Our cast can be imagined as three parts of a single psyche, plus one.
The first three—imaginable, perhaps, in relation to categories like present, future, and past—nevertheless share time in a single home, like users sharing computing time on a mainframe.
Who, though, is the Ghost? The alleged “plus one.” Not quite mind-at-large, certainly. The whole person? The unifying soul? An author-function self-fashioned into being via hyperstition? That which presides in each?
“It might be helpful,” quips the Narrator, “to map these characters onto a Greimas square.”
“But my preference,” he adds, “is to do as Iris DeMent suggests, and let the mystery be.”
It’s an odd thing, this device, is it not? With its levers, it’s like a clock or a timepiece. Spun or turned, the levers grant the Traveler safe passage through forthcoming years as counted by Western calendars. The future is reified, captured in a count by an imaginal technology that converts time into a measurable dimension.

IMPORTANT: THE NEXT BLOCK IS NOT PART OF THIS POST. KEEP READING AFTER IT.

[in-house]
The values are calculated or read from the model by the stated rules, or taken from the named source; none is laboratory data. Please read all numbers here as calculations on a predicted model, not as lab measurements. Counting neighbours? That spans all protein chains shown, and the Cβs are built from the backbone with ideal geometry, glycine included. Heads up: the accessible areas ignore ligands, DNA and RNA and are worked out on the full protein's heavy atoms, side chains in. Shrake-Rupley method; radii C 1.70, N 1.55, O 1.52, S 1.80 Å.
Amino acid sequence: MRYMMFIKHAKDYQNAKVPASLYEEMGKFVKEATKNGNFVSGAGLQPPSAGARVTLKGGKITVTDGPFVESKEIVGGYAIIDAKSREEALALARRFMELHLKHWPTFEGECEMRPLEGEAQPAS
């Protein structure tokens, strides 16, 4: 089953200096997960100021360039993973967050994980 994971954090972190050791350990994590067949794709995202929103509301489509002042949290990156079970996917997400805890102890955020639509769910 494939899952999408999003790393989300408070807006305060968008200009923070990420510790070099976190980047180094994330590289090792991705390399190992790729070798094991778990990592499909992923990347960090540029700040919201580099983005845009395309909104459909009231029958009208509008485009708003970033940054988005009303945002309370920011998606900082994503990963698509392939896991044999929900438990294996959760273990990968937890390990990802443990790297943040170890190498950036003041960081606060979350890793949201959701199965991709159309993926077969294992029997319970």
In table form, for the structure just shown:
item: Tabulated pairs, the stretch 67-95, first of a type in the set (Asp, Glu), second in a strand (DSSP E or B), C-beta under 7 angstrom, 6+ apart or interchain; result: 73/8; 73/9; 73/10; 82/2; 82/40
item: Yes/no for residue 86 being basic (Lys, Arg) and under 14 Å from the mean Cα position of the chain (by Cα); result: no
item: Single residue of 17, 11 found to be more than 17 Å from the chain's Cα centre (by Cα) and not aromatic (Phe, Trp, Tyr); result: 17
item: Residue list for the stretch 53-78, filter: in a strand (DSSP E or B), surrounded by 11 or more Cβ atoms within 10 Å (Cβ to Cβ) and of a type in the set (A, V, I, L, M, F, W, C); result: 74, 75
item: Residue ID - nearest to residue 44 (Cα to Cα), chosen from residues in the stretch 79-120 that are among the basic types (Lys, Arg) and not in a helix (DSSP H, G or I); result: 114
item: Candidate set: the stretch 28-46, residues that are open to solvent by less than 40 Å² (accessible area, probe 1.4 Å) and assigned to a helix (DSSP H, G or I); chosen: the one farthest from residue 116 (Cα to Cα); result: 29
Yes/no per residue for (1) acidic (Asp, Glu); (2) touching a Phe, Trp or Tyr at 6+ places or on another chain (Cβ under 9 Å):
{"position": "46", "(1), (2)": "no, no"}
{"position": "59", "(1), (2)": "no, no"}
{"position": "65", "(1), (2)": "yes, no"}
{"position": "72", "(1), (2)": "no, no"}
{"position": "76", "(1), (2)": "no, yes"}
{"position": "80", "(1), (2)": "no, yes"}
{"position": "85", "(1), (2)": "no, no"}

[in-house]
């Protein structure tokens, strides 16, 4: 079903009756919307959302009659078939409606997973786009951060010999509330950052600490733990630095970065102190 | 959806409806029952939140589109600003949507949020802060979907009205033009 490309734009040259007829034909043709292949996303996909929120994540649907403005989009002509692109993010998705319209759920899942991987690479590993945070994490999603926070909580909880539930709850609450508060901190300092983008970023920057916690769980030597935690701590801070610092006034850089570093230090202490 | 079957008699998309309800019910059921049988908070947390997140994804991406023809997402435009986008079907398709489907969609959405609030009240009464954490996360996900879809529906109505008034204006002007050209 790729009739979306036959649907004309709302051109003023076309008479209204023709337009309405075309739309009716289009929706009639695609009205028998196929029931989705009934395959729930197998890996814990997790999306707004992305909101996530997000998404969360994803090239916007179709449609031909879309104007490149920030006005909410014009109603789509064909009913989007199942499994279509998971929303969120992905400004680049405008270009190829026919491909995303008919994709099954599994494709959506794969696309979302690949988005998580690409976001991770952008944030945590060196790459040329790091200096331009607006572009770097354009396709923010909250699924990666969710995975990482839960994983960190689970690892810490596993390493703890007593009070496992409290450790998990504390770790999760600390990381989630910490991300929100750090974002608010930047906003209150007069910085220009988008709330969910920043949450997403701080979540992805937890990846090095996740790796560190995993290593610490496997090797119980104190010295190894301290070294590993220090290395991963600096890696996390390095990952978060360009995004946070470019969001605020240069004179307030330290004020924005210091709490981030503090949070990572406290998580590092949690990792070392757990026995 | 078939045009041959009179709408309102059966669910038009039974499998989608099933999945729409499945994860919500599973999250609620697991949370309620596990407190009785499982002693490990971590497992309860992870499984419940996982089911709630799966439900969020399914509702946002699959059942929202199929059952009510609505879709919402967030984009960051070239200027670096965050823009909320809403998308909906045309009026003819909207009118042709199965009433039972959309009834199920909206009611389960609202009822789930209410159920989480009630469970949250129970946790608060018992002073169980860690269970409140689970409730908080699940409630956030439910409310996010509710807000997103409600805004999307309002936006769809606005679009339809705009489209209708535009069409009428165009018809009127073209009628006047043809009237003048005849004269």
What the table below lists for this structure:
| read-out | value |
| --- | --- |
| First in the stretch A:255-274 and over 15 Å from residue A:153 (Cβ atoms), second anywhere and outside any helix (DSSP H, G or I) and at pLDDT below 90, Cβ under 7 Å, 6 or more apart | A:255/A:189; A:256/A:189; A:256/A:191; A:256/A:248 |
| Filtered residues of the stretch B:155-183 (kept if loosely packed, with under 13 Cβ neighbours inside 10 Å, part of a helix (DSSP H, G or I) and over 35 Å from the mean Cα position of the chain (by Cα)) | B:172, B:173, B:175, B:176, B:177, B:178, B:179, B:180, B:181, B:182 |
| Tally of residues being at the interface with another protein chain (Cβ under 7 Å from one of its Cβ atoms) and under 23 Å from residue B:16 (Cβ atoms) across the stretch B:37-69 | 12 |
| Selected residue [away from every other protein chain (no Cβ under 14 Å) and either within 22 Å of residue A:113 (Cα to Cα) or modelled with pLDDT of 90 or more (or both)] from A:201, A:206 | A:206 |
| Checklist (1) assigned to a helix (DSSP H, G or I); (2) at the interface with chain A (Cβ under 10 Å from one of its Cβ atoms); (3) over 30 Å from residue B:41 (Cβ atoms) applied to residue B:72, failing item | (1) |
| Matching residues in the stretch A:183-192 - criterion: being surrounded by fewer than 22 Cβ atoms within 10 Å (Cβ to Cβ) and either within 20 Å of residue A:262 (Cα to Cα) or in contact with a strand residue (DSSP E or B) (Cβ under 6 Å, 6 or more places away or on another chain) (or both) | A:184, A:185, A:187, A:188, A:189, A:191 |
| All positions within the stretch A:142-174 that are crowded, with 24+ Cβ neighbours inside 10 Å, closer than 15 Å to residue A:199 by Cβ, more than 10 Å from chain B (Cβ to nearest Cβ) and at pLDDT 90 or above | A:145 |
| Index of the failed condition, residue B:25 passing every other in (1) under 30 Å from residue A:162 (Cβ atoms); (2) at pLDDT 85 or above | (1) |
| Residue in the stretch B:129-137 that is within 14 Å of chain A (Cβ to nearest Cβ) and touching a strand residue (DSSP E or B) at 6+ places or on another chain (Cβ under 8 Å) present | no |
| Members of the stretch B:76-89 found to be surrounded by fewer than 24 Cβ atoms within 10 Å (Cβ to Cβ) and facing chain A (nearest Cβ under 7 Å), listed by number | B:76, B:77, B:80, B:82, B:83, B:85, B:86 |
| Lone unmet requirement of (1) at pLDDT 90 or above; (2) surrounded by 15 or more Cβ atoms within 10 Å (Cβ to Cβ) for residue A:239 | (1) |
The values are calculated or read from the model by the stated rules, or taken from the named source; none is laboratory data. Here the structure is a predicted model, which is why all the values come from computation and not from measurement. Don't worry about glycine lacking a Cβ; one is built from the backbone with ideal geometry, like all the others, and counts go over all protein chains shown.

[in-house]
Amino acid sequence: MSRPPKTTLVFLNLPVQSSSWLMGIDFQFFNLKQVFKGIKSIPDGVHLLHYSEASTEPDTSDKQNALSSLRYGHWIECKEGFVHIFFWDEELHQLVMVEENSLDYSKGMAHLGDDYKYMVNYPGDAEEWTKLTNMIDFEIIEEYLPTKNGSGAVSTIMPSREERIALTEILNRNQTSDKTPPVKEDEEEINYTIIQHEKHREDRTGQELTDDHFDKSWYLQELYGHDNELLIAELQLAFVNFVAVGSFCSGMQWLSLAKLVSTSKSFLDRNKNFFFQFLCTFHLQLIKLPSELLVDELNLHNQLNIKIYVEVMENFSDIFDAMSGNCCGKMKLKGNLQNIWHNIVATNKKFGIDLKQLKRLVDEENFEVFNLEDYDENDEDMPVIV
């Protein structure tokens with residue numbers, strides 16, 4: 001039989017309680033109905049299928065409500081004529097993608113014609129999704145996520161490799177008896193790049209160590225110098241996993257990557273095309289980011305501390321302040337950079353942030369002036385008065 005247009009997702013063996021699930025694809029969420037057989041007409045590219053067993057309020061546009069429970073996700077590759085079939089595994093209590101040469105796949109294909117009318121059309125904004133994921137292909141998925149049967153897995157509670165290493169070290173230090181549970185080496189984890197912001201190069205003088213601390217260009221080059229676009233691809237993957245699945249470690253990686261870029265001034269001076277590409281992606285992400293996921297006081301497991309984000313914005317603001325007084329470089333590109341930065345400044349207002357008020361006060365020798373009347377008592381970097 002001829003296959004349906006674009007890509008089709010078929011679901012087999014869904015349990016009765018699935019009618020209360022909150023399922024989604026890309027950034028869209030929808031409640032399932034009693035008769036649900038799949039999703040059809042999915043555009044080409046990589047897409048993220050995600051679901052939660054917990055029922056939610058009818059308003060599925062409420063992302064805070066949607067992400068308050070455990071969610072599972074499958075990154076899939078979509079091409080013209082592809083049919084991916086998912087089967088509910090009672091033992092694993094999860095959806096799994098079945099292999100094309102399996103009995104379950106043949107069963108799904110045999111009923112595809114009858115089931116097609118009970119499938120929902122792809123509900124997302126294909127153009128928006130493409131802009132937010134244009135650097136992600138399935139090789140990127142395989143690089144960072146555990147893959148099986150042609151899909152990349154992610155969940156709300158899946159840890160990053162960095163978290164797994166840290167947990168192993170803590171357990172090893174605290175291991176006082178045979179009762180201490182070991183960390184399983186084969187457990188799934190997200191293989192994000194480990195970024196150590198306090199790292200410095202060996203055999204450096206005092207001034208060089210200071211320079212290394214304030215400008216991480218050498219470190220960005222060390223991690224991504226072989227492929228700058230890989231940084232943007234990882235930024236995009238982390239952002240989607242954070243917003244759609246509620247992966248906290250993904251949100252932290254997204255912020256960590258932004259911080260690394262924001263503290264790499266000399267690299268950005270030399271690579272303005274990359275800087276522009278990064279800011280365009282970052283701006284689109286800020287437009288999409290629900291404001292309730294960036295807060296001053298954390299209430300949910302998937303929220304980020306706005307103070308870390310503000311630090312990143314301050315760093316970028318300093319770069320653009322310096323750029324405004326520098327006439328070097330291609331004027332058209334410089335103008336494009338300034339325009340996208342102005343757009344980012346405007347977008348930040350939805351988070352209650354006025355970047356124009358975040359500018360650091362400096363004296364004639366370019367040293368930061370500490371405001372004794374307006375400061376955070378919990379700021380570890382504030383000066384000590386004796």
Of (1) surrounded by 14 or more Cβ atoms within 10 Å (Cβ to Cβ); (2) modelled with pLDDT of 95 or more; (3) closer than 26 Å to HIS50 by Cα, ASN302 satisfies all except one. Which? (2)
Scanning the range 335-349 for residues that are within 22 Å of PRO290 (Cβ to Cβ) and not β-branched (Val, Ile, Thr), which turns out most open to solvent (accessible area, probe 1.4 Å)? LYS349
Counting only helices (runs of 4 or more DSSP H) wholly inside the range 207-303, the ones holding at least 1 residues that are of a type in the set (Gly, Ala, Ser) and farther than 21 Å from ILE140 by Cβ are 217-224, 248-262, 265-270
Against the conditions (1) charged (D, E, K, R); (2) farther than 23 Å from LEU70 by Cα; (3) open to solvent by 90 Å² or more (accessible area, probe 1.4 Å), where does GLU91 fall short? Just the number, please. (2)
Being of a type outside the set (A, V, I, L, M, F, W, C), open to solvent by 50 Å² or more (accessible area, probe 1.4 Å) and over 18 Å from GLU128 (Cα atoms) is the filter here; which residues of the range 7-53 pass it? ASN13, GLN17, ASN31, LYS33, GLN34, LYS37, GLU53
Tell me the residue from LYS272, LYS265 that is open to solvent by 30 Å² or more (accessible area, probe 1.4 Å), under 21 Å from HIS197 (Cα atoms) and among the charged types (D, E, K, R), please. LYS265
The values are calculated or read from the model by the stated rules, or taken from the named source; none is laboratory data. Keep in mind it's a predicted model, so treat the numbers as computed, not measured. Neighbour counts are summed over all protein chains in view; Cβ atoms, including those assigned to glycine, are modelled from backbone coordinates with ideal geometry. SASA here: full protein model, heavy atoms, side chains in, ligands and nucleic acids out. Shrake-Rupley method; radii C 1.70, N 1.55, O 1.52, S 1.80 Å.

Wells’s Traveler assumes in the very structure of his time machine an imperial temporality: the Western linear temporal orientation, with its obedience to “the Master’s Clock.”
But for more recent Travelers, especially people of color, travel is undertaken not so much in obedience to the clock as in exodus from its dictates. Travelers consult stars and return to sidereal time. Or they create music. They keep time with drums rather than clocks. As Moor Mother notes, “Music created by Black people has been used throughout time and across space as an agent of time and memory” (Black Quantum Futurism: Theory & Practice, p. 9). She and the other members of the Black Quantum Futurism Collective take this longstanding practice a step further, their self-professed goal being “to collapse space-time into a desired future.” Tracks of theirs are self-creating, self-causing sound-events from the future made to happen in the minds and bodies of those who listen.